Building a BG model requires transforming the velocities and angular velocities associated with the rigid plane and making them available to the contact points with other components of the system. For example, a car’s chassis moving forward on a wavy road may experience rotations like pitch and roll (i.e., rotations about the axes parallel to the ground) in addition to translational motion. Considering the chassis as a 2D rigid body, we need to know how the linear and angular velocities are transmitted to the suspensions connecting to it.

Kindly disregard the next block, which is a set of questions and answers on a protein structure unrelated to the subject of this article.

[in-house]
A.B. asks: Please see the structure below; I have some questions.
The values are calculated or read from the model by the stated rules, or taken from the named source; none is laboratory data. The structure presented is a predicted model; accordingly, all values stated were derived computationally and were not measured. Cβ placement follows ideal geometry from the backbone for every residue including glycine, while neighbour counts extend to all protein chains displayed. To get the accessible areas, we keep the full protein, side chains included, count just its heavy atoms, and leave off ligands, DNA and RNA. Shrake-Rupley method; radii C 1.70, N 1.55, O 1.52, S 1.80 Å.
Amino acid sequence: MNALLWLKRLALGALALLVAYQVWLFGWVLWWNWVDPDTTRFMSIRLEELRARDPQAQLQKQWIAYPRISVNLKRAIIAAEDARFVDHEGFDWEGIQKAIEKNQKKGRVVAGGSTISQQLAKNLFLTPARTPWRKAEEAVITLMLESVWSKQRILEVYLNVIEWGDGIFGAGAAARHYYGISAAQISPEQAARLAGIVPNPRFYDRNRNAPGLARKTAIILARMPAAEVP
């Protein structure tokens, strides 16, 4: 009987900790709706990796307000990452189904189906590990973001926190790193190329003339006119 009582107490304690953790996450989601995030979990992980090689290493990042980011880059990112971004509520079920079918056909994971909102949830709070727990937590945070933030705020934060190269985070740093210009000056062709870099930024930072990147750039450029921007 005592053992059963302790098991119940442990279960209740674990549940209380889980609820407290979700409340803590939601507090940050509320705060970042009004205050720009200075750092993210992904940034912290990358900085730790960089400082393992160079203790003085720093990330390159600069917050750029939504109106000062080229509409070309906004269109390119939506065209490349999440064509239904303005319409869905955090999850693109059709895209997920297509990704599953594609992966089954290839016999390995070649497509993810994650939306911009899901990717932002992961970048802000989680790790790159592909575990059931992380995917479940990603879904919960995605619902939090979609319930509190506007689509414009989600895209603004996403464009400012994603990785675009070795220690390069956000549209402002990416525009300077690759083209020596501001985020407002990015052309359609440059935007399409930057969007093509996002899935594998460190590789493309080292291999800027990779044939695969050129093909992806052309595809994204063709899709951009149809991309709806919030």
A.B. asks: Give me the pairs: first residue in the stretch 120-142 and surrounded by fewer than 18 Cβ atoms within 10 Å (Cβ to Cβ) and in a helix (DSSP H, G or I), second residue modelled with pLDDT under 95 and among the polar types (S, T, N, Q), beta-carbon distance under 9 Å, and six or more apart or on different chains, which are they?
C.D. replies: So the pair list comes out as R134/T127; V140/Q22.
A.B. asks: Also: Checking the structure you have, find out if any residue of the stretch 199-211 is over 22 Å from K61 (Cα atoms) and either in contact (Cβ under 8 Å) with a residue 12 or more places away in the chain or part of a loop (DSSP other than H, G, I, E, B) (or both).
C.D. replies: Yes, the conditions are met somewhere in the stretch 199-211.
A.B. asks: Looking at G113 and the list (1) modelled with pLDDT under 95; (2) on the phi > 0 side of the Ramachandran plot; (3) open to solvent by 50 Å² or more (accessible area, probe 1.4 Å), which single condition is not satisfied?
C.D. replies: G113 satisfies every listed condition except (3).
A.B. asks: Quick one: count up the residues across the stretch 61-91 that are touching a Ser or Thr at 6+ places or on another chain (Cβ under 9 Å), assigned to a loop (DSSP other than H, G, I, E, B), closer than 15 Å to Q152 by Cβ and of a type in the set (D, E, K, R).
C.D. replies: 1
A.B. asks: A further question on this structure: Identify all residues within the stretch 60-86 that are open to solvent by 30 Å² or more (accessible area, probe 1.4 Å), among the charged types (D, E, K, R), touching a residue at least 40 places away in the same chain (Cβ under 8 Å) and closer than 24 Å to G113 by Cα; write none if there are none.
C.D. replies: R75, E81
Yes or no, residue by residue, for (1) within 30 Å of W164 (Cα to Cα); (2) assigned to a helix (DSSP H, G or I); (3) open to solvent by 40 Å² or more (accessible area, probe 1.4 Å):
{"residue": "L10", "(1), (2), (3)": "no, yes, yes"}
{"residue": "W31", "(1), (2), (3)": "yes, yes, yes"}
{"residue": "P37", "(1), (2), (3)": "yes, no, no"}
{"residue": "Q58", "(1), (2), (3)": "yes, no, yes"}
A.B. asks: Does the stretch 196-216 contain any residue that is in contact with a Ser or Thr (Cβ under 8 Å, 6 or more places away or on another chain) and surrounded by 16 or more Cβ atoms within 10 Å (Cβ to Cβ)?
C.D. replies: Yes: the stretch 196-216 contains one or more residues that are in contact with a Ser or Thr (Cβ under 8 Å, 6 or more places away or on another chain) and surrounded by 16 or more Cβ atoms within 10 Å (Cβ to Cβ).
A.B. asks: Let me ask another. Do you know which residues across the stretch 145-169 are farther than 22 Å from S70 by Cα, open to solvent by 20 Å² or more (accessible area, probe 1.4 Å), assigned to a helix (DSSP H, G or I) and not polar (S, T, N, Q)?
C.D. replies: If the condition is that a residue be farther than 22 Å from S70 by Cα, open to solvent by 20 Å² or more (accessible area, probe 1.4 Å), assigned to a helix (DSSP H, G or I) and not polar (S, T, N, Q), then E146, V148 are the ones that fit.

We present here an analysis of 2D rigid-body motion, with focus on applications to BG modelling. For further readings on this topic, consult with available references **[13]**, **[18]**, **[20]**, **[23]**.